Sunak nightmare: Brexit Britain ‘running out of steam’ as economy STALLING – new report

UK economy: 'It's going to be a difficult few months' says expert

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The British Chambers of Commerce (BCC) has downgraded its expectations of economic growth in the coming months from its previous forecast. It now predicts growth of 3.5 percent – down from 4.2 percent in December.

The group said the downgrade had occurred largely due to a seemingly deteriorating consumer spending outlook, as the cost of living soars and taxes are set to rise in April.

Last year, the coronavirus pandemic triggered a rise in inflation, which rose to 5.5 percent in January 2022.

With prices on the rise and household bills increasing, people are expected to spend less.

The BCC expects consumer spending to grow at 4.4 percent this year, as the economy continues to emerge from the pandemic.

However, this is down from the 6.9 percent increase it anticipated previously.

The BCC noted this estimate reflected the “historic squeeze” on household incomes from high inflation.

Business investment is also forecast a smaller rate of growth – 3.5 percent down from 5.1 percent.

Investment intentions are expected to weaken due to rising cost pressures, high taxes and falling confidence amid Russia’s invasion of Ukraine.

Suren Thiru, head of economics at the BCC, commented: “Our latest forecast signals a significant deterioration in the UK’s economic outlook.

“The UK economy is forecast to run out of steam in the coming months as the suffocating effect of rising inflation, supply chain disruption and higher taxes weaken key drivers of UK output, including consumer spending and business investment.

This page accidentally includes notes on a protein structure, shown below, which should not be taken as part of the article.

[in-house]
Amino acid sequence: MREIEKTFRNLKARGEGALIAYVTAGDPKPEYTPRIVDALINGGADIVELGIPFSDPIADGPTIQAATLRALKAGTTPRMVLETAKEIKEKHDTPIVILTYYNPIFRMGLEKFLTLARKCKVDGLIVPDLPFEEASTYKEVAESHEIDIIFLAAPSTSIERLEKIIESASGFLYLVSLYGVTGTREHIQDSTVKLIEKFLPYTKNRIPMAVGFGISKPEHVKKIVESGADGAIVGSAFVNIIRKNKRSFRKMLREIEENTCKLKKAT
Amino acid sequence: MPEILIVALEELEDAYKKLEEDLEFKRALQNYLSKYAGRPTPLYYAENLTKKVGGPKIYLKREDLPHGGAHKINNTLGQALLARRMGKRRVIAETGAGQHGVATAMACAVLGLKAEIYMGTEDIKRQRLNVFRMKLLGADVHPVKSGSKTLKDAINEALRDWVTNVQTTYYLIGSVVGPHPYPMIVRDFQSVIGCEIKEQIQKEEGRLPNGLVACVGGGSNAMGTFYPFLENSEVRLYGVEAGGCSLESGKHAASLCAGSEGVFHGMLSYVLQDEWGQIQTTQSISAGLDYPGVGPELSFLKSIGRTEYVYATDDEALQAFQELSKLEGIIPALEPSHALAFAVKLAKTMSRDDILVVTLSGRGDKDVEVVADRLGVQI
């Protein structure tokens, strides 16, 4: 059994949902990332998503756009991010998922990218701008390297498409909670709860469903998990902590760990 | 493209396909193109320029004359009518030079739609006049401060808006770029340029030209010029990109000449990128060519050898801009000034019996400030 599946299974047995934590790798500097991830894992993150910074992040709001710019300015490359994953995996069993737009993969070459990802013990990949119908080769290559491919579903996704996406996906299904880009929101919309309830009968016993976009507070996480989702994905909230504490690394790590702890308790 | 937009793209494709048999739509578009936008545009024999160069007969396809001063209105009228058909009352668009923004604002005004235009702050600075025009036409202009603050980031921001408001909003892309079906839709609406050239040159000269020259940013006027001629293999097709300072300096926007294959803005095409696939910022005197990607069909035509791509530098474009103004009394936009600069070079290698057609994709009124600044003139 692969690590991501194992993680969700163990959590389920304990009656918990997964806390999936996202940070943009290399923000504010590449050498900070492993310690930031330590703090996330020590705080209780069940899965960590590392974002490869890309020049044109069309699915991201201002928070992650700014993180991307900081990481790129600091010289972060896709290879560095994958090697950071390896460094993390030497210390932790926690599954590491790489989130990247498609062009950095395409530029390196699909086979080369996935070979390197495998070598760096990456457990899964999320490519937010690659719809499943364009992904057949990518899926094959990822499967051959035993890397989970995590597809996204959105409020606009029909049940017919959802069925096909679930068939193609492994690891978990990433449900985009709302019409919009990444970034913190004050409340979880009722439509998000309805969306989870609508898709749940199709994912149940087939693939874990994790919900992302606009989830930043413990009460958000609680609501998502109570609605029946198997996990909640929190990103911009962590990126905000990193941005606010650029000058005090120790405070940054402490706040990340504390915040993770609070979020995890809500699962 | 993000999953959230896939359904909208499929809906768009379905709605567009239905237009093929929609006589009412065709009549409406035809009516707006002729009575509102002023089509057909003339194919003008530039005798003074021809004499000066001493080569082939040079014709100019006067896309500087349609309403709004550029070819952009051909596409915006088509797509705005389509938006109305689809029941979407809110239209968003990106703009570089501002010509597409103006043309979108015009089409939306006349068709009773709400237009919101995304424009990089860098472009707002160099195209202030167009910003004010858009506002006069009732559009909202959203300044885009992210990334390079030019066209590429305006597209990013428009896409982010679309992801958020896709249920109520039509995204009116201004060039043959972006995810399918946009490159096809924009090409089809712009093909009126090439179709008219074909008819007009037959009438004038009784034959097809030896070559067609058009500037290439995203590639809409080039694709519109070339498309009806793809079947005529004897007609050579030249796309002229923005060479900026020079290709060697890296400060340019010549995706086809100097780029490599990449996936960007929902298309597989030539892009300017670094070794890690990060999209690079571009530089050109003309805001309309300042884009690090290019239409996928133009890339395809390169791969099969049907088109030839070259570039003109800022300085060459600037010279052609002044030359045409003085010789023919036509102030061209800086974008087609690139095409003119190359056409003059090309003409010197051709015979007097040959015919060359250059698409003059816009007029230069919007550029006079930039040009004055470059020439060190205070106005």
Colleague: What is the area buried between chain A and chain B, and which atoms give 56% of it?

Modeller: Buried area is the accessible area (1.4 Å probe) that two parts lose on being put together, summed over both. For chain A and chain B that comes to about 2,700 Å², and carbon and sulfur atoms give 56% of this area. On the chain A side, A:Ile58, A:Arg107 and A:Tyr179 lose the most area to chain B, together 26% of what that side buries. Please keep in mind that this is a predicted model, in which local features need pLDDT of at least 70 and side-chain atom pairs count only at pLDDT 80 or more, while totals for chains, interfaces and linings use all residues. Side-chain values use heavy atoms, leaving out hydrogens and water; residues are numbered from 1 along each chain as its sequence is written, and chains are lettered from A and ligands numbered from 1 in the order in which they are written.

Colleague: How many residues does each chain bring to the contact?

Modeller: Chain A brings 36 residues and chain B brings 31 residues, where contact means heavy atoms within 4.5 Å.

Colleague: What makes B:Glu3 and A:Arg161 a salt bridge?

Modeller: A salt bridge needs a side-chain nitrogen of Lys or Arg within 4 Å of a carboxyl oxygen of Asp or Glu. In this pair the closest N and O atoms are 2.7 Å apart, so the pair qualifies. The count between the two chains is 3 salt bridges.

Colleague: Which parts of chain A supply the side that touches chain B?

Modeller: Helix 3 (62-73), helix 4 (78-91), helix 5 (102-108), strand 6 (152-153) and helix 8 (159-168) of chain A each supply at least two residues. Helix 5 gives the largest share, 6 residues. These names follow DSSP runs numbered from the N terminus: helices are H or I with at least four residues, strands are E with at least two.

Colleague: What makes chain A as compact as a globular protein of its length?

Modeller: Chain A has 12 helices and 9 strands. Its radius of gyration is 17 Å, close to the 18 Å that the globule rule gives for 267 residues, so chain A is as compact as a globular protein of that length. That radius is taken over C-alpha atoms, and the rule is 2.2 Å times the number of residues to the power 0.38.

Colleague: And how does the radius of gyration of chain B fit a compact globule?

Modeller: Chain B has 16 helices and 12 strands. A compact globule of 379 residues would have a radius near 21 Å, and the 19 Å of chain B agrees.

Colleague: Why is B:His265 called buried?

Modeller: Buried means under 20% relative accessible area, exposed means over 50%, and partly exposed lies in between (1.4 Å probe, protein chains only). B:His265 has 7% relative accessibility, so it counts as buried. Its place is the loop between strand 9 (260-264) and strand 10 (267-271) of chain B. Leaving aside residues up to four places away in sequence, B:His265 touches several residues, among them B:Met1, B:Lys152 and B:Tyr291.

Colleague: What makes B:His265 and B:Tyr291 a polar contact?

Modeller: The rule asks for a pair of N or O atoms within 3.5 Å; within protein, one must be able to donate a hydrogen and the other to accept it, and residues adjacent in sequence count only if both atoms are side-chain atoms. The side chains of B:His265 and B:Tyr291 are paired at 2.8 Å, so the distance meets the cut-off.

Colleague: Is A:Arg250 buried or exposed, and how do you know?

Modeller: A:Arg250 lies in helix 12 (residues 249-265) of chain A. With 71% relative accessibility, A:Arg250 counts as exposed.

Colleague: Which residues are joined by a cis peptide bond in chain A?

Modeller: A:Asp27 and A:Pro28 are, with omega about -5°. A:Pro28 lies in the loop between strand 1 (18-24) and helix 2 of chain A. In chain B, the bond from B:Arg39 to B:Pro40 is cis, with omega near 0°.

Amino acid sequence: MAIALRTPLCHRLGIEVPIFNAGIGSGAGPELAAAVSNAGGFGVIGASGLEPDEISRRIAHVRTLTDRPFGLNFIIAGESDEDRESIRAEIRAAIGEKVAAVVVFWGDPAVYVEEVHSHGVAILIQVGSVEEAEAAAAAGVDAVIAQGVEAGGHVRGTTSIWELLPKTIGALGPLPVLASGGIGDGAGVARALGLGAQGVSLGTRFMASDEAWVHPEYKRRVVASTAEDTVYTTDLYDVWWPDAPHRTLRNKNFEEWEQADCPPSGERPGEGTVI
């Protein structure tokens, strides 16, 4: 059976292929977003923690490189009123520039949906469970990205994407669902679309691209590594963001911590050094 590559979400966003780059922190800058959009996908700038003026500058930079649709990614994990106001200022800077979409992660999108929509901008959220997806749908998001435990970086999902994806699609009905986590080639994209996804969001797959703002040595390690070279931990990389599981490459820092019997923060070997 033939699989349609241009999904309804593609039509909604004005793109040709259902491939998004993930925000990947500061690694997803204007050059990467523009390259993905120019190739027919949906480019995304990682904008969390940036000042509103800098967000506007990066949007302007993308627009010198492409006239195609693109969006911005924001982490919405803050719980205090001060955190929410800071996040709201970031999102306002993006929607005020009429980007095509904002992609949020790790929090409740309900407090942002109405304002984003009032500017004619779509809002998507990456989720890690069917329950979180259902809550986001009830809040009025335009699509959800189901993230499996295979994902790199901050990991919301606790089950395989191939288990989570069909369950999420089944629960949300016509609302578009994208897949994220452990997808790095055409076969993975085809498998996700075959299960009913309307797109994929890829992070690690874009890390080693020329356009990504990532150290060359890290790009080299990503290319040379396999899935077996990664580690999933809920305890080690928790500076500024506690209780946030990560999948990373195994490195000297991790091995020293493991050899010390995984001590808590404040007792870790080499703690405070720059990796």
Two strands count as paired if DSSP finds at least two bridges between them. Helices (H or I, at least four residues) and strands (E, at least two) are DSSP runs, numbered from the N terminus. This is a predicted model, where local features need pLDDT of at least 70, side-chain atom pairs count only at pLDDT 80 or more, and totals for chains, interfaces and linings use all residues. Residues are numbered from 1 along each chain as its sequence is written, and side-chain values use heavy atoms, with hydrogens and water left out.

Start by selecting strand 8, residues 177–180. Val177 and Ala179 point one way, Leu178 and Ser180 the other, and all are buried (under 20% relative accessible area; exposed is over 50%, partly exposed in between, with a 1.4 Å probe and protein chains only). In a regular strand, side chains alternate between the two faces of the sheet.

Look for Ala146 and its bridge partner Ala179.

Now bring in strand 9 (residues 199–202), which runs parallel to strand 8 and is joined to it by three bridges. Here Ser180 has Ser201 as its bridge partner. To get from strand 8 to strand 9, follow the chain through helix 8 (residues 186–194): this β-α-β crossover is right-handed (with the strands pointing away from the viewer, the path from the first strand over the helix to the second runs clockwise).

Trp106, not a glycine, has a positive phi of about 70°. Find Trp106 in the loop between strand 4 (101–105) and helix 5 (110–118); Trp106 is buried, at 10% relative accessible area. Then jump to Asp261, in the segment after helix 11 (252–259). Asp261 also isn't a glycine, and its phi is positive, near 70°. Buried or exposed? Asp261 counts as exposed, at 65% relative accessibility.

“Russia’s invasion of Ukraine is likely to weigh on activity by exacerbating the current inflationary squeeze on consumers and businesses and increasing bottlenecks in global supply chains.”

Mr Thiru added that the “legacy of Covid” was an “unbalanced” economy.

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Such imbalances “leave the UK more exposed to economic shocks and reduces our productive potential.

“The downside risks to the outlook are increasing. Russia’s invasion of Ukraine could drive a renewed economic downturn if it stalls activity by triggering a sustained dislocation of supply chains or a more significant inflationary surge.”

The Government has been criticised for a lack of deregulation of the economy since Brexit – something which it is now able to do – and for not putting off planned tax rises.

It is set to push ahead with a 1.25 percent rise in National Insurance in April, and bring in a 25 percent corporation tax in Spring 2023.

Mr Thiru warned that “tightening monetary and fiscal policy too aggressively risks weakening the UK’s growth prospects further by undermining confidence and damaging households’ and firms’ finances.”

Earlier this year, a leading economist told Rishi Sunak to live up to his moniker as the Chancellor of low taxes and make them “come down and stay down”.

Patrick Minford, chair of Applied Economics at Cardiff University, told that “Government policy needs to be very bullish and boosterish” and “supports an optimistic view of the economy”.

He added that the Chancellor “didn’t need to put taxes up” after the Government raised National Insurance contributions by 1.25 percent and froze the income tax allowance for four years.

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